In elementary school, I happened to ask my teacher:

What is $\ce{CO}$ they talk about these days?

I was then taught that Carbon monoxide "competes" with the oxygen in our blood (we were taught that oxygen gets to our cells via blood at that time) and replaces it and thus, doesn't let enough O get to cells and this will be fatal in extreme cases.

I didn't do any research about it after that because I later made the implication that $\ce{CO}$ is able to replace O and react with Hb instead; but

I recently became doubtful about my previous lessons and decided to do a research to see what really was going on:

Carbon monoxide mainly causes adverse effects in humans by combining with hemoglobin to form carboxyhemoglobin (HbCO) in the blood. This prevents hemoglobin from releasing oxygen in tissues, effectively reducing the oxygen-carrying capacity of the blood, leading to hypoxia. Additionally, myoglobin and mitochondrial cytochrome oxidase are thought to be adversely affected. Carboxyhemoglobin can revert to hemoglobin, but the recovery takes time because the HbCO complex is fairly stable. Wikipedia, CO poisoning

Wikipedia states that the problems are:

  1. $\ce{CO}$ is able to combine with Hb to form HbCO.

  2. This compound is fairly stable, so we'll have a hard time removing $\ce{CO}$ from hemoglobin.

Other sources, such as How stuff works, Answers.com and CDC.gov have given either only more explicit explanations of wikipedia, or the explanations weren't "chemical-biology" enough.

I haven't seen a single reference in which the first assumption was declined, or agreed with. Is what I'd learnt non-scientific?


Each hemoglobin molecule has 4 subunits (4 hemes each having one iron atom). Each time a molecule (such as oxygen or CO) binds to one subunit, it changes the binding properties of the other subunits. This is referred to as positive "cooperative binding" in the case of hemoglobin, because binding one molecule makes the other sites bind more easily.

Initially, considering hemoglobin with no CO or oxygen bound, CO competes with oxygen for the same binding sites (ligating one of the iron atoms). CO has a binding constant 300 times lower than oxygen, meaning a factor of 300 lower CO concentration will result in an equal percent of bound protein.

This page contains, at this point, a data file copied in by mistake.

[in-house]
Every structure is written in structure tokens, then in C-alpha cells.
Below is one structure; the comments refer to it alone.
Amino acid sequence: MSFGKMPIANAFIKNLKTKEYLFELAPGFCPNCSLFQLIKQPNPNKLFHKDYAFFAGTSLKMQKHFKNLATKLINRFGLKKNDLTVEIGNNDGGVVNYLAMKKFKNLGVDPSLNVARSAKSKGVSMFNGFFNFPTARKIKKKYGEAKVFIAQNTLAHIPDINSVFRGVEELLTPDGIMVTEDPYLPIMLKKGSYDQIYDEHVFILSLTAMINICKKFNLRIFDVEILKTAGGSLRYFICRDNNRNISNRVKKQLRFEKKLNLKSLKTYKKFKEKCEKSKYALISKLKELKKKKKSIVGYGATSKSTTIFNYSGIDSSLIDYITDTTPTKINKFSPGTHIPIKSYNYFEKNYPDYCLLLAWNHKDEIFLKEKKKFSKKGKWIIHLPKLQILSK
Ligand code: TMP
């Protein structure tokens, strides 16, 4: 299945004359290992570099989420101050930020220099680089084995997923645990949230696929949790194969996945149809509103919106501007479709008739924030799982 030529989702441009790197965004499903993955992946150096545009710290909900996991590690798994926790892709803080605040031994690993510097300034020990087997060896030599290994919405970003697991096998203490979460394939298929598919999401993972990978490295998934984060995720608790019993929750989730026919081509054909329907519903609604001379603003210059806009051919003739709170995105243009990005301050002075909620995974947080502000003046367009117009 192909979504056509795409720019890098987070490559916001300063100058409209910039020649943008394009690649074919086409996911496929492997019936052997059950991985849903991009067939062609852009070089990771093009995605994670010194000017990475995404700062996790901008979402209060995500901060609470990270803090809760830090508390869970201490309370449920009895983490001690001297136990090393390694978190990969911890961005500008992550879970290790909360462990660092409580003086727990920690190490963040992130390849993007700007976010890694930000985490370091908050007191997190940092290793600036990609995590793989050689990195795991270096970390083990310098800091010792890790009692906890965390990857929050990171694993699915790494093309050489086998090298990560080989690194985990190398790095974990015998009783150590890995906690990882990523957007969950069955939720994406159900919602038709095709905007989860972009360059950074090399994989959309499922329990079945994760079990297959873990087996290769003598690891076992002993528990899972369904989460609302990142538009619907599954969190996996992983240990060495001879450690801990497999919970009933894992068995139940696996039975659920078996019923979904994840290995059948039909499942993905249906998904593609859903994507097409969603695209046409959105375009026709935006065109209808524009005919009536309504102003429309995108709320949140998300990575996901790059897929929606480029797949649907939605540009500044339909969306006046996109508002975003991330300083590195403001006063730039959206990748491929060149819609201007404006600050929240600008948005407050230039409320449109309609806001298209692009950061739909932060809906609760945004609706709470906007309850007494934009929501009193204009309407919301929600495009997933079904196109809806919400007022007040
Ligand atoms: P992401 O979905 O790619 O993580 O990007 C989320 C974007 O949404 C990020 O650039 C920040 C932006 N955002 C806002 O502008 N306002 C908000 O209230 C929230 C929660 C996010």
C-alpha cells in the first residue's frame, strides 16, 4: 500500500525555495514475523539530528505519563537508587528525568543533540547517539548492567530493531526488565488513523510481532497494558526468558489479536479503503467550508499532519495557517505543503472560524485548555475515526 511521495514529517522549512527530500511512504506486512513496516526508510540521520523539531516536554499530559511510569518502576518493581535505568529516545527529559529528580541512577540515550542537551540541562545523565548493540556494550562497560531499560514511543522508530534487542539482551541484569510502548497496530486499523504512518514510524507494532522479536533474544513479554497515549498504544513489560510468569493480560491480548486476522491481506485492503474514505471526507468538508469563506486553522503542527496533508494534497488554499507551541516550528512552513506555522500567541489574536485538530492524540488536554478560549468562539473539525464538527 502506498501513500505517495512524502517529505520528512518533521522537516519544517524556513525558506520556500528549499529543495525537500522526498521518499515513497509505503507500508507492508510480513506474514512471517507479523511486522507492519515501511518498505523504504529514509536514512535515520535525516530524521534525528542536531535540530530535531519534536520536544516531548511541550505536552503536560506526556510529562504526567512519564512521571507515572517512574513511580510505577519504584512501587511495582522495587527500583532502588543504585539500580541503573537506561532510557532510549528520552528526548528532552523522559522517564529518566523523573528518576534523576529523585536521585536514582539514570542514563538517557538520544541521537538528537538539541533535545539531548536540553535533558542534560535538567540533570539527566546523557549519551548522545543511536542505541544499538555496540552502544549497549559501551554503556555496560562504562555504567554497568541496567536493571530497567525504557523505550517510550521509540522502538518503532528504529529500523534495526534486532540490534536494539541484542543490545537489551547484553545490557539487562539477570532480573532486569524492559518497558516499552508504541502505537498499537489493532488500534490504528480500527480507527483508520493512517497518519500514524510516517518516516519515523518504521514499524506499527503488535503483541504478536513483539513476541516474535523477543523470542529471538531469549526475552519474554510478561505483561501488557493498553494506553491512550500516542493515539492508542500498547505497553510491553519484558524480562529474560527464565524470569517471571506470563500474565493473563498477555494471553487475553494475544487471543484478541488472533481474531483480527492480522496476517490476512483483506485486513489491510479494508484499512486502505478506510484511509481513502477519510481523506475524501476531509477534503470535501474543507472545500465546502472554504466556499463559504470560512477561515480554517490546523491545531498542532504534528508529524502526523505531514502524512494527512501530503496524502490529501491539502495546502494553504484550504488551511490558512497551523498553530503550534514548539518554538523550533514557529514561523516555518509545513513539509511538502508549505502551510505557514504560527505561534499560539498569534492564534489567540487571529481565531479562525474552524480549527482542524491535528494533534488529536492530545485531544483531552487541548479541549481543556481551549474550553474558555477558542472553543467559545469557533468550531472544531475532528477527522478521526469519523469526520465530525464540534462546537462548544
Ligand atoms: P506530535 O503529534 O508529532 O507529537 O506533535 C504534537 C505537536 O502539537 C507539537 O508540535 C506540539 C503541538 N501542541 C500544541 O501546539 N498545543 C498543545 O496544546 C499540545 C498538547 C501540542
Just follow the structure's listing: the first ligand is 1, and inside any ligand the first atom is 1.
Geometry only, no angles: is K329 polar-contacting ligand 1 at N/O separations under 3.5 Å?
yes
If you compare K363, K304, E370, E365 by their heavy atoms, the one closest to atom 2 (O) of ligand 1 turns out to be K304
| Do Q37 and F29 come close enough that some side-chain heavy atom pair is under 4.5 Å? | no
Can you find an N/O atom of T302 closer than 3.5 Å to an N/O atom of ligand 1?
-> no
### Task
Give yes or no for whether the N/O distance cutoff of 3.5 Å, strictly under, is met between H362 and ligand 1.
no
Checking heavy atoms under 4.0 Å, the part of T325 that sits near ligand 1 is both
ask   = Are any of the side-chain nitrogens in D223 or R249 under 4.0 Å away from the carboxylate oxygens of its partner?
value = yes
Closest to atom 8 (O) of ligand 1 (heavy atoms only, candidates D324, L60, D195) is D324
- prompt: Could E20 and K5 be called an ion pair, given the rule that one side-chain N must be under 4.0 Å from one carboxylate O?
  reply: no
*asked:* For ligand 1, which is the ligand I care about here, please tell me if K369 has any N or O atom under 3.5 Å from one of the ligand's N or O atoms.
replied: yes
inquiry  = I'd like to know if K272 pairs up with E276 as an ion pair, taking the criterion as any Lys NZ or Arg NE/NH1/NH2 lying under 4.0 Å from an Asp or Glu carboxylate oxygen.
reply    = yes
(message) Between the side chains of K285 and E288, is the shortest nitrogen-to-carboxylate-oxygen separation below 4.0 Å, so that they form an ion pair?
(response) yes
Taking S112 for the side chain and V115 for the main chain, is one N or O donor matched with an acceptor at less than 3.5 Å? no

Considering CO has reached a level such that 2 out of the 4 sites can have CO bound, the remaining 2 sites would still provide enough oxygen carrying capacity for a person to live if the sites were function as normal; however, the 2 remaining sites then bind oxygen too tightly and don't release it.

Other iron-containing proteins such as myoglobin can also bind CO and are also inhibited.

See Pharmacokinetics and Mechanisms of Action of Carbon Monoxide for more infomation.

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  • $\begingroup$ +1 Thanks Dave. Can you give me a reference to study more about the issue? $\endgroup$ – M.A.R. Jan 24 '15 at 16:48
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    $\begingroup$ @MARamezani here is a reference, it was more difficult to find a reference than I thought. nershco.com/case_studies/co%202.pdf You should read about cooperative binding of hemoglobin subunits generally also. $\endgroup$ – DavePhD Jan 24 '15 at 17:09

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